I told Cara, too, that LPNs and orderlies and nurses and mental health patients and single moms (Erin’s sister) are not characters closely associated with romance, at least not when they are in their proper settings, facing the twelve hours in front of them. But this book makes expansive the limited settings and reflects the emotional atmosphere of the characters back on the world. When Erin is raging, she is driving the long, empty streets. When she’s considering and mulling and watching, she’s inside her workplace, locked in. This world and breadth of emotional palate is made with clean, spare language that belongs to the characters.

Twelve hours at a time, and the brief snatches of days off in between. These are the hinterlands where Erin and Kelly’s regard and erotic exploration and love are forged. Boundaries are created for each of them to step on one side of and then the other, and then the boundaries are redrawn. There is a way in which there is an incredible sweetness to their story. The mutual professional respect and encouragement to grow is one, their impulse to care for each other after moments of sexual intensity is another. It’s very beautiful and suggests how necessary these stories are to our genre—we need wonkomance. Kelly and Erin are reassurance that love grows from the best that is inside of us and not an ephemeral setting. The world we live in requires such reassurances. We require those moments, in the dark, where we can rest our hand in comfort on another who depends on us even as the world is racing by. We require that tenderness in the face of a world that tells us such tenderness is impossible.

We require such terrible love because it reminds us that we are not terrible.


I’m giving away two copies of Cara McKenna’s book After Hours via random drawing of those posting comments by 8 a.m. EST Thursday, 4/17/13.


Posted in Writing Wonkomance | 28 Comments

How I learned to stop worrying and love the Con

As most of you probably already know, the Romantic Times Booklovers’  Convention is almost upon us. Hundreds of writers, multiple book signing events, panel discussions, craft seminars, parties. Pitching and networking and bears, oh my! And most of it with people you have never met before.


I’m sure there are writers out there who adore social interaction, have vast circles of friends in real life with whom they talk in person regularly, and…I don’t know, whatever else it is that socially active people do. I wouldn’t know, because I’m not one of them. For me, the above description of a typical convention might as well be subtitled “A Visit to Hell”. At least when I first started going to them, that was the case.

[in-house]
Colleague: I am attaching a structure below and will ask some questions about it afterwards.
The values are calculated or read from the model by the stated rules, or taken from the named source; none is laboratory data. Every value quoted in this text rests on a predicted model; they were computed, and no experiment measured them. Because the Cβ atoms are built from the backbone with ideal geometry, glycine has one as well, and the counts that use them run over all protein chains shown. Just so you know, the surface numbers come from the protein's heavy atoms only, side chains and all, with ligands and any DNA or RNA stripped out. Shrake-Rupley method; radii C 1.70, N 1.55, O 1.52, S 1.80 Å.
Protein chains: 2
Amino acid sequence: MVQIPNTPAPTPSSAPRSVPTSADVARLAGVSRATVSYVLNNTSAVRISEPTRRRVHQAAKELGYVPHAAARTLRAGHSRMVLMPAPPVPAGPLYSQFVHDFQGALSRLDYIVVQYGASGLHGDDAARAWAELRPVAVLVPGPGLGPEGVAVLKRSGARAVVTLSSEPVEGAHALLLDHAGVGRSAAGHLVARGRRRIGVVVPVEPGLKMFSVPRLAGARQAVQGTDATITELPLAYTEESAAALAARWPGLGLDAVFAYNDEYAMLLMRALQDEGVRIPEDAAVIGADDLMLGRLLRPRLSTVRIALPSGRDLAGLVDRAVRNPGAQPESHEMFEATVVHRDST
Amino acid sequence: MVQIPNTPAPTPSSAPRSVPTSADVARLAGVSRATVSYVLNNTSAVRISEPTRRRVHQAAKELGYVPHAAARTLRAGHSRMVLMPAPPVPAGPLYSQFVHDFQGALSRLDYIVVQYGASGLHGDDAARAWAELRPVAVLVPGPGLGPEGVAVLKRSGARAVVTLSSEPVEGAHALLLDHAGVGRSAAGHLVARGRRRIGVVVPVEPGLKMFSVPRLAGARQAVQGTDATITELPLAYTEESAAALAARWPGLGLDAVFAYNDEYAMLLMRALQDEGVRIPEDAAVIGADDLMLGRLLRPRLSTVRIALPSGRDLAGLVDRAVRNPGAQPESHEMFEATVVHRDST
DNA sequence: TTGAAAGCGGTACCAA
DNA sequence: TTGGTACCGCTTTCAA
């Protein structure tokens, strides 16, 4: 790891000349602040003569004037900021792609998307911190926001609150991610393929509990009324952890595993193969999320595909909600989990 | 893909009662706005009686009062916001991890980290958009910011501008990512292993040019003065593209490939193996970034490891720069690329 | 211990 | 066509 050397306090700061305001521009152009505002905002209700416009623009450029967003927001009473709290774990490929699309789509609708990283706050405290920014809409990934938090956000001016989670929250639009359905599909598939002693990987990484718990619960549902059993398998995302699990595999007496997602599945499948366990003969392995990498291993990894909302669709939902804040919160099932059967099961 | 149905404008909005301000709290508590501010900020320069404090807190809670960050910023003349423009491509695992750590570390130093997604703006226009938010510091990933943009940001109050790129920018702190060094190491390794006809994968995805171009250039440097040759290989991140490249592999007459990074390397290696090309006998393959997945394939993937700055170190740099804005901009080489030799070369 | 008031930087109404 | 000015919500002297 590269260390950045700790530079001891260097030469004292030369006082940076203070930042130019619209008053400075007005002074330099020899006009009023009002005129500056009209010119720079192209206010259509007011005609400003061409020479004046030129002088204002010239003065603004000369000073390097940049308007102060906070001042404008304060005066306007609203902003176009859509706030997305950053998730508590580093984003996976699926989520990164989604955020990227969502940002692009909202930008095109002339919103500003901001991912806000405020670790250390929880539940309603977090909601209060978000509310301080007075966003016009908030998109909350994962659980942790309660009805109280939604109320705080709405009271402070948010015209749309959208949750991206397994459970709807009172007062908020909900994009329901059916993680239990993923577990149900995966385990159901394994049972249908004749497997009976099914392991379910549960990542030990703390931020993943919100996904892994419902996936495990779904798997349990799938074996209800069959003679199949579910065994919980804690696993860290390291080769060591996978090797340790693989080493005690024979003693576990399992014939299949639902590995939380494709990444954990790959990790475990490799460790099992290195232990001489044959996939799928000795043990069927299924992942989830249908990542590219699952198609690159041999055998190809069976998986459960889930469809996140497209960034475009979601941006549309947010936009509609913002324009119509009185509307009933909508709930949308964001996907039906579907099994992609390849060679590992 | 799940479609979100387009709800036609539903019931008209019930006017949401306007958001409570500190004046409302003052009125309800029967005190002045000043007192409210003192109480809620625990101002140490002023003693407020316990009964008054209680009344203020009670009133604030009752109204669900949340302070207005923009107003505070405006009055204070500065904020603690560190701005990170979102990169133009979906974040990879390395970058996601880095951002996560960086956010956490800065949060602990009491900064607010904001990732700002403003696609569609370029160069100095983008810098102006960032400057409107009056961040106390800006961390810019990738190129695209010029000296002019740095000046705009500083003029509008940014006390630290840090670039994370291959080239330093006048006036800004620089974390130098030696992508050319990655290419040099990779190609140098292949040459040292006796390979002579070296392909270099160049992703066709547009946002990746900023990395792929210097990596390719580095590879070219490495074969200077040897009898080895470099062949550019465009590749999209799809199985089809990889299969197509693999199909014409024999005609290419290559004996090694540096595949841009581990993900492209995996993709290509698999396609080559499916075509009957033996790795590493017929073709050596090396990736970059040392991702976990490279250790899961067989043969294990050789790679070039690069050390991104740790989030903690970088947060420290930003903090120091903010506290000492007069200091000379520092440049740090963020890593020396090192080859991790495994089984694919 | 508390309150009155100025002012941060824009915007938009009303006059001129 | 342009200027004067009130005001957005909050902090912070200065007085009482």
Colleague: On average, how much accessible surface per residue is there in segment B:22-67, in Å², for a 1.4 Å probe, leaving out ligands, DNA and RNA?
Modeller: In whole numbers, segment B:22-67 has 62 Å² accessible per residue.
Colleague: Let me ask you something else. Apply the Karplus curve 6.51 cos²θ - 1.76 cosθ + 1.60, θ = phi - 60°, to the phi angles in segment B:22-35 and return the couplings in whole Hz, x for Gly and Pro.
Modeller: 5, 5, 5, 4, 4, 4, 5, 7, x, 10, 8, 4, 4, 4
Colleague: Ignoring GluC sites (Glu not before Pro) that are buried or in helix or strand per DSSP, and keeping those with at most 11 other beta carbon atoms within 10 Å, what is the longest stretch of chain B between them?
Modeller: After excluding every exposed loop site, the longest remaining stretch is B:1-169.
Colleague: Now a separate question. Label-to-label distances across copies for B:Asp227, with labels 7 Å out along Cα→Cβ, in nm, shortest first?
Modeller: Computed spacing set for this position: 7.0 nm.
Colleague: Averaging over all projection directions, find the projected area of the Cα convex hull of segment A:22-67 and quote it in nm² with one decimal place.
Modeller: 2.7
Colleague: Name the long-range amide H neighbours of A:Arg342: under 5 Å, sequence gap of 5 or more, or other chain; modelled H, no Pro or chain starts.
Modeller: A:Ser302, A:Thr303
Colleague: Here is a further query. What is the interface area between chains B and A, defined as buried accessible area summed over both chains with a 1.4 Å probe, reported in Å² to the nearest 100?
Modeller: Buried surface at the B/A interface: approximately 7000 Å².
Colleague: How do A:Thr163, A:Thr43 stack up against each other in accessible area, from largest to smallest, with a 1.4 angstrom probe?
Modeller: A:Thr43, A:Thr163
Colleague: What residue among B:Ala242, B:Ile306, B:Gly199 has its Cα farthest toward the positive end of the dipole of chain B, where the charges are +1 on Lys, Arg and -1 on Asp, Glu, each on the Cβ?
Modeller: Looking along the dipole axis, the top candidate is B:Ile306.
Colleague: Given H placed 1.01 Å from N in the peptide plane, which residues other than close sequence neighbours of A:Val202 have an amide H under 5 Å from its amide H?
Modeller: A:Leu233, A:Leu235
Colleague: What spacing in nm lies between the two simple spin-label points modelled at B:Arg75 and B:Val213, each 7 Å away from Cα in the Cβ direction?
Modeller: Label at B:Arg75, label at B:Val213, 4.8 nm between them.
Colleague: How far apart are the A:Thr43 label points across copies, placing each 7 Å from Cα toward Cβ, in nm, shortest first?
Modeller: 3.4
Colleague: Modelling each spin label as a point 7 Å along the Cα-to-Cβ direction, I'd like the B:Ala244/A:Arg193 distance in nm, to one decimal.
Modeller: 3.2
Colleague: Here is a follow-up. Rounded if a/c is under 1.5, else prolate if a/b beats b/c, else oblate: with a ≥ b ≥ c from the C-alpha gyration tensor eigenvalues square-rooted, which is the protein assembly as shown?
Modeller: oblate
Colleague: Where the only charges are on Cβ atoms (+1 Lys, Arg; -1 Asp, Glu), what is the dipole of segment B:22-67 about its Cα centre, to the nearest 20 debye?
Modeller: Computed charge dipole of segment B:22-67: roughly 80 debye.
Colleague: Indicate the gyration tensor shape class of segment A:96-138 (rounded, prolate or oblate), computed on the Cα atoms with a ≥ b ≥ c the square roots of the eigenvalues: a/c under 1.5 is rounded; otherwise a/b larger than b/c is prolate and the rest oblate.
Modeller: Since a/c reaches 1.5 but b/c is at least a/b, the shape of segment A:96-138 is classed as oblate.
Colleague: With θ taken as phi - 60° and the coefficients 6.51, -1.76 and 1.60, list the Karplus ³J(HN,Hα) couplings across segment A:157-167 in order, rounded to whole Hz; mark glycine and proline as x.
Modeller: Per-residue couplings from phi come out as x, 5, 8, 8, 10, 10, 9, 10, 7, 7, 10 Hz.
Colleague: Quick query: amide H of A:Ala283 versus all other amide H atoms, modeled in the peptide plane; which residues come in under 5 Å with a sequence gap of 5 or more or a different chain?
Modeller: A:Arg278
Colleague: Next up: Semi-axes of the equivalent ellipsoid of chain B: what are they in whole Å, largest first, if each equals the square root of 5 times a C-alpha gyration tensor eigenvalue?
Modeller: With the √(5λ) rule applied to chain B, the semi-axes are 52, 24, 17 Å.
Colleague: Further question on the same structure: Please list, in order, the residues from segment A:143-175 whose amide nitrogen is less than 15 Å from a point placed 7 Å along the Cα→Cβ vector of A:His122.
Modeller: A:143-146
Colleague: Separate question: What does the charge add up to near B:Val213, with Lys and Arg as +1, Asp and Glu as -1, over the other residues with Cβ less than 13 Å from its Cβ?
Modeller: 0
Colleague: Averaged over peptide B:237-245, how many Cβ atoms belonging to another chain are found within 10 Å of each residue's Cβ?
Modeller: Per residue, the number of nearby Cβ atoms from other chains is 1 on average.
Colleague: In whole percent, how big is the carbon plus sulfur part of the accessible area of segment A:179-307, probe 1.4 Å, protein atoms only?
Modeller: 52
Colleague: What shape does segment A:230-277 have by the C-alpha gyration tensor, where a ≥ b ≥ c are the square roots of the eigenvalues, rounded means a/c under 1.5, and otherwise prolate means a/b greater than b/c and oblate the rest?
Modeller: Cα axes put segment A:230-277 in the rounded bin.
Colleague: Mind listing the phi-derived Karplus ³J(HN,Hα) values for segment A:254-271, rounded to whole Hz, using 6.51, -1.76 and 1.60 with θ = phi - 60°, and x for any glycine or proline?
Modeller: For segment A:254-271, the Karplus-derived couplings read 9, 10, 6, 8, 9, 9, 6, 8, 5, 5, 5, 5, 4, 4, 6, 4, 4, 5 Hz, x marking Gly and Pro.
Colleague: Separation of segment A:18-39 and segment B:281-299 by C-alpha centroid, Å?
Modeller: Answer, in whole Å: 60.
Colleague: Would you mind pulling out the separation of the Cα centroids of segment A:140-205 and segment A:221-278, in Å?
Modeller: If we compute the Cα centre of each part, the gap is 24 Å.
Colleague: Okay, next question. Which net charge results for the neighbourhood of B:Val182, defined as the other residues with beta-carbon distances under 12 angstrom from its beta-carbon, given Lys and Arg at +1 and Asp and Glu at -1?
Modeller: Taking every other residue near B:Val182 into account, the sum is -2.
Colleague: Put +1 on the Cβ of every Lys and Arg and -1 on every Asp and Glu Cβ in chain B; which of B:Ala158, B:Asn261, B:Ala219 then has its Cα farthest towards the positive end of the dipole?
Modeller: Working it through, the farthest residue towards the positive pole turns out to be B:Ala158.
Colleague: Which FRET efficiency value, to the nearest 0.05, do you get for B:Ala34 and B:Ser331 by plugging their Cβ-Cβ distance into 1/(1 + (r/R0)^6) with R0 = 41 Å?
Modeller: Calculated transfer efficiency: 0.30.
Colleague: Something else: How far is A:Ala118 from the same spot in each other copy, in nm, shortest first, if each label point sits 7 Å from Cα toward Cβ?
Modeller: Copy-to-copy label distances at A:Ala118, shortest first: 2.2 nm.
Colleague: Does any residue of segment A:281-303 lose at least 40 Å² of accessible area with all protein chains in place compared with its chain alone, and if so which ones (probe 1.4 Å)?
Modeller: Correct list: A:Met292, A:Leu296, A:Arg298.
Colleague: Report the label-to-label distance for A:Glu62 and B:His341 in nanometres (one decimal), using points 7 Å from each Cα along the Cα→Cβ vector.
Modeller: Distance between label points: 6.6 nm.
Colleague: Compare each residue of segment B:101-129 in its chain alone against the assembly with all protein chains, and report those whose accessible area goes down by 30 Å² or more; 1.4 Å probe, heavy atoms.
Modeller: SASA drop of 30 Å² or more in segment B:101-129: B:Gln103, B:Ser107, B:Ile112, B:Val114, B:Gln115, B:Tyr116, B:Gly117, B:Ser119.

These days I look forward all year to events like RT, because I’ve learned to love the Con. I’m a con-vert (sorry, sorry), but I know a lot of people express trepidation or outright horror at the very notion of attending one – sometimes even after they’ve already been. So if you’re happiest in your cave, or are perhaps waffling over whether to attend RT or Nationals, here are some thoughts on how to enjoy yourself and get the most out of your time and money. While these are geared towards writers, I think a lot of this stuff applies regardless of your profession. And there will also be gifs and things! Yay!

Things that help: 

– Buddy up. Seriously. Even if you normally wouldn’t dream of it, consider finding a roommate. I have three (my RT gang includes Christine d’Abo, and fellow Wonkos Ruthie Knox and Cara McKenna).


– Know what you’re there for. Yes, it’s a professional event; but you’re unlikely to see specific return on investment from attending a convention, no matter who you meet or how many workshops you attend. What you will see is professional improvement that’s hard to quantify. Tips on social media that you picked up from a random conversation about Twitter. A new book idea that you and a few other writers tossed around in the bar. Putting faces to names. These are all “soft” results that might not impact your sales directly; but they’re all things that can make you better at your job, which will hopefully redound to your benefit down the line.

– Buddy up. Can’t stress this enough. It is perfectly okay to feel like clinging to a few safe people when you are in a hotel full of strangers. It is okay to make sure you know somebody in every workshop you plan to attend. Having roommates helps with this, obviously.

– Take breaks if you need to. Many of us are introverts and are easily exhausted by social interaction. Set aside time (put it in your schedule, even, if that helps you) to be alone; take a quiet break in your room, take a bath, nap, do some writing, etc. Even if you have roommates they’ll likely respect your need to have a few hours of down time. Sometimes even a ten or fifteen-minute break from the social whirl can help you catch your breath, emotionally speaking. Do whatever works for you.

– Buddy up. You need somebody to eat with and hang out at the bar with. While I’m not a fan of cliques in some settings, Cons are a setting where having a “core group” is absolutely necessary. You don’t have to exclude anyone else – but make sure you have that foundation of a few people as a baseline.


– Did I mention buddy up?


Pros about Cons:

– Introverts! Introverts everywhere! We rarely gather in groups (that’s sort of the point of us, isn’t it?) but when a lot of writers get together they can actually behave like a pack of rowdy extroverts. Don’t be frightened – they’re still just as shy and retiring as ever, really. But meeting an entire hotel full of people who feel just like you can be an exciting and validating experience.

– Most of the people around you probably feel the same way and have the same insecurities. When you were told this by adults when you were in middle or high school, it was bullshit advice. None of us believed it, nor should we have, because it didn’t matter; what mattered was that some kids were able to fake it better than others and if you couldn’t do that you were screwed.